July 19 , 2019 – In Breaking News – The New York Times
In the early 1980s, when Philip Poniz moved to New Jersey from Colorado, he needed a well-protected place to stash his collection of rare watches.
He had been gathering unusual pieces since he was a teenager in 1960s Poland, fascinated by their intricate mechanics.
His hobby became his profession, and by the time of his relocation, Mr. Poniz was an internationally known expert in the history and restoration of high-end timepieces.
(Family had box at Bank of America in San Ysidro. Courtesy of ABC 10 News and YouTube. Posted on Feb 4, 2018.)
At first, he kept his personal collection in his house, but as it grew, he wanted something more secure. The vault at his neighborhood bank seemed ideal.
In 1983, he signed a one-page lease agreement with First National State Bank of Edison in Highland Park, N.J., for a safe deposit box.
Over the next few decades, the bank — a squat brick building on a low-rise suburban street — changed hands many times.
First National became First Union, which was sold to Wachovia, which was then bought by Wells Fargo.
But its vault remained the same. A foot-thick steel door sheltered cabinets filled with hundreds of stacked metal boxes, each protected by two keys.
The bank kept one; the customer held the other. Both were required to open a box.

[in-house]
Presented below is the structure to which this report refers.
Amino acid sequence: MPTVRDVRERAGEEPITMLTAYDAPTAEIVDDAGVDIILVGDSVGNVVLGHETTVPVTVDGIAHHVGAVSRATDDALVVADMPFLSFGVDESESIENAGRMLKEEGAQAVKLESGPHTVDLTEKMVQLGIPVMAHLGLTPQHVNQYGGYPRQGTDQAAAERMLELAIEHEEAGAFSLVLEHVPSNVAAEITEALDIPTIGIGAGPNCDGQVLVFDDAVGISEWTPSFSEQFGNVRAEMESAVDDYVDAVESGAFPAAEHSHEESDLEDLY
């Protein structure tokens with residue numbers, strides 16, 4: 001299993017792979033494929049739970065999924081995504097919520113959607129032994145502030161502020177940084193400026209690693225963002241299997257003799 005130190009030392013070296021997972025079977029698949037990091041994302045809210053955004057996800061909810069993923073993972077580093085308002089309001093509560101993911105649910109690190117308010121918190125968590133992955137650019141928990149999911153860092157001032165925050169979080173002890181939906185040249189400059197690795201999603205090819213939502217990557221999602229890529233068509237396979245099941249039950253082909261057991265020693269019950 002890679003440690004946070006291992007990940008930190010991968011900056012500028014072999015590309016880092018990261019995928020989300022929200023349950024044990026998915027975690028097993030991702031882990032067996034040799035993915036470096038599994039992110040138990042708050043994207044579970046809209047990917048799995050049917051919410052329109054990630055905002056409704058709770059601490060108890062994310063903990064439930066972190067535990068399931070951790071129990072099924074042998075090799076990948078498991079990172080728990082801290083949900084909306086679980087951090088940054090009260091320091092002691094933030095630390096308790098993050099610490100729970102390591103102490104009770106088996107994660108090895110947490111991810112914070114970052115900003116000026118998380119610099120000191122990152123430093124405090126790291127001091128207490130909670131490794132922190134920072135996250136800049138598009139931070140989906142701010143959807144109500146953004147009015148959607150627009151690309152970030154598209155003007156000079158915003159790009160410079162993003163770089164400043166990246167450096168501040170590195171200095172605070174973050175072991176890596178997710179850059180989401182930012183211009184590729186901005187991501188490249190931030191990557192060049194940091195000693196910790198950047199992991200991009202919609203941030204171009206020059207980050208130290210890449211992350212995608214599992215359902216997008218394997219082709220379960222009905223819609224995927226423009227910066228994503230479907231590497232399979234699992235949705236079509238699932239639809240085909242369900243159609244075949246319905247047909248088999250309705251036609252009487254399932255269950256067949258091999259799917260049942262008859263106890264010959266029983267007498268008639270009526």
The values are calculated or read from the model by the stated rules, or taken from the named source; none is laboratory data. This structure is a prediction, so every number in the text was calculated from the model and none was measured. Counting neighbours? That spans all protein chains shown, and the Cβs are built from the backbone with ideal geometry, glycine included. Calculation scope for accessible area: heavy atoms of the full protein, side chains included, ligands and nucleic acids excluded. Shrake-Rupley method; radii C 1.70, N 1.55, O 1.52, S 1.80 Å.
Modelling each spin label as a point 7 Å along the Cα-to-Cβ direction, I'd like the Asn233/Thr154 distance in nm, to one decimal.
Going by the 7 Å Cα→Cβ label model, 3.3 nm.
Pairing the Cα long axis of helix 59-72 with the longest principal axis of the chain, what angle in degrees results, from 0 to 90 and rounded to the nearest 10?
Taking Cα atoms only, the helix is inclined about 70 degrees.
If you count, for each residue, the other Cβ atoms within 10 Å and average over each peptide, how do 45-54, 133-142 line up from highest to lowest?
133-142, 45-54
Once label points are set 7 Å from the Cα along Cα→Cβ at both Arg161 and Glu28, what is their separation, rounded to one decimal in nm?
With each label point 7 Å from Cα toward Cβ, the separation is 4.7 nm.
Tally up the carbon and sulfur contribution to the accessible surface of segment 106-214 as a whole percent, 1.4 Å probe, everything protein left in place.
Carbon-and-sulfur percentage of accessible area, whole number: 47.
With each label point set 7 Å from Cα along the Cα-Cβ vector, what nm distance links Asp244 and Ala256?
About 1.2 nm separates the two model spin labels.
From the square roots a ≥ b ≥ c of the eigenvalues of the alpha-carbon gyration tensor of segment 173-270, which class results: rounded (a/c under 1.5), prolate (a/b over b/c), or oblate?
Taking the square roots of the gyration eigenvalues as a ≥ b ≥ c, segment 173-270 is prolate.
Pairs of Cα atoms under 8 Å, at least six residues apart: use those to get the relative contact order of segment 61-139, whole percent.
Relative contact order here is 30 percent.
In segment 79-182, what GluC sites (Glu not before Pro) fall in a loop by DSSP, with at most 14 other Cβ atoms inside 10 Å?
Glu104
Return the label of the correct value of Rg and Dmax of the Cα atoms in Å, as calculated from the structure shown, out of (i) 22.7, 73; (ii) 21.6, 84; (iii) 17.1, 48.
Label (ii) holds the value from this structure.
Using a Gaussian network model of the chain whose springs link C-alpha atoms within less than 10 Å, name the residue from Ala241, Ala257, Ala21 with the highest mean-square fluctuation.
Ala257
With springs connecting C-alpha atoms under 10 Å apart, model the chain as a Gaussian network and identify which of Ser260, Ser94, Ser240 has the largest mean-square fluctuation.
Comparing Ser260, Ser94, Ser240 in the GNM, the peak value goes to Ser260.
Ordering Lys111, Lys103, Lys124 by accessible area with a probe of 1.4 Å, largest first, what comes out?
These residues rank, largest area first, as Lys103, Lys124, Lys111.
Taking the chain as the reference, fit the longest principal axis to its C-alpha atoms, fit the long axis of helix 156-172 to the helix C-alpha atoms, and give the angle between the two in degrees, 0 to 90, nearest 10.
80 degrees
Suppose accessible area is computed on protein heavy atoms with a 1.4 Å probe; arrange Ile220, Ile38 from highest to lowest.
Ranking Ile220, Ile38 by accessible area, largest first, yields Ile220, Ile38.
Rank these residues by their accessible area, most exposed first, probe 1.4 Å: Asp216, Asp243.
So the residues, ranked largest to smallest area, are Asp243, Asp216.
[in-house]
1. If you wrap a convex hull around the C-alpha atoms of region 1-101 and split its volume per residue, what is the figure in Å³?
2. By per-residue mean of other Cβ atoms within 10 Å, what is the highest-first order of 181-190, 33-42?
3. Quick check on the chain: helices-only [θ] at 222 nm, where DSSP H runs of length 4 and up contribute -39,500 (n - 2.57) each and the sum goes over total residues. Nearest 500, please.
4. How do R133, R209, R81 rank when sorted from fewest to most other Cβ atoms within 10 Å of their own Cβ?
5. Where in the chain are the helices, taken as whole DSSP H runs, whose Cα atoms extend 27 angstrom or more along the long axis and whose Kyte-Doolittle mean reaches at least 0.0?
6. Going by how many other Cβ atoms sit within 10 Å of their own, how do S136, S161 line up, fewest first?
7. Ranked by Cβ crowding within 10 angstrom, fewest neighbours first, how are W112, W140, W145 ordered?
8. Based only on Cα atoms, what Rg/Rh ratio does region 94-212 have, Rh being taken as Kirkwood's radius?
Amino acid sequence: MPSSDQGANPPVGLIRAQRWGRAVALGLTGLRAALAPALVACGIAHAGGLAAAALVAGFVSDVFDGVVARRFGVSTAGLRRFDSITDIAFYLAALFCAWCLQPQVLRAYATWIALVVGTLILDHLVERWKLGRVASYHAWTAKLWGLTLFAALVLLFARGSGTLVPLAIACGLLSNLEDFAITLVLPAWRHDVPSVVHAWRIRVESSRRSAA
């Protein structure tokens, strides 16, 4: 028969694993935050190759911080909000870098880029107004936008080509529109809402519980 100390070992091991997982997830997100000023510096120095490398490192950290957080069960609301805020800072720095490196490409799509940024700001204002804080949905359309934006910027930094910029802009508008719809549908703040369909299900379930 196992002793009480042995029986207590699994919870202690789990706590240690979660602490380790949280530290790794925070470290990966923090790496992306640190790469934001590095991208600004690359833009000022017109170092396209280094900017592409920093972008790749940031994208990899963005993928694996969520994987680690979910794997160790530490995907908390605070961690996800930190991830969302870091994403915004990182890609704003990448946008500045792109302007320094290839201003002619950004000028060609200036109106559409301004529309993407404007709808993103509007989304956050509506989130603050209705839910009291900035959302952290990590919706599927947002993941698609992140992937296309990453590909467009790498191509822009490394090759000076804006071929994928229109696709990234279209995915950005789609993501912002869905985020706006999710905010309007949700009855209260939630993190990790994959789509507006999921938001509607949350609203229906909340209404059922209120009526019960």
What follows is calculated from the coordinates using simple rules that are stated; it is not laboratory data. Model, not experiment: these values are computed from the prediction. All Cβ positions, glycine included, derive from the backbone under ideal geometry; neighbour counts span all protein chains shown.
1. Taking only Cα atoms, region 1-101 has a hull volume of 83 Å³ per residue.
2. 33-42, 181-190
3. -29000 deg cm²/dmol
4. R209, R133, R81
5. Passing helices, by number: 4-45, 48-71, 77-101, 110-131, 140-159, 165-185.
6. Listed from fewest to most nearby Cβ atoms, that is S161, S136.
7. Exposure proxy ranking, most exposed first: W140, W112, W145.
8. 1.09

(Learn More. Safe deposit boxes are a secure place for you to store your valuables, but some recent heists have people wondering if they’re really that safe. Last year, a team of thieves took off with $400 million in loot from a vault in England and earlier this year, there were two safe deposit box heists at banks in Queens, New York. But banking experts say despite the risks, a safe deposit box is still the best place to store your valuables. However, some safe deposit boxes are more secure than others. Courtesy of Inside Edition and YouTube. Posted on Sep 21, 2016.)
In 1998, Mr. Poniz rented several additional boxes, and stored in them various items related to his work.
He separated a batch of personal effects — photographs, coins he had inherited from his grandfather, dozens of watches — into a box labeled 105.
Every time he opened it, he saw the glinting accumulation of his life’s work.
Then, on April 7, 2014, he lifted the thin metal lid. Box 105 was empty.
“I thought my heart would fail,” Mr. Poniz said. He paused in his retelling of the memory.
At age 67, he has a strong Polish accent and speaks English carefully.
He struggled to find the right words to describe the day he discovered his watches were missing. “I was devastated,” he said.
Continue reading… Safe Deposit Boxes Aren’t Safe
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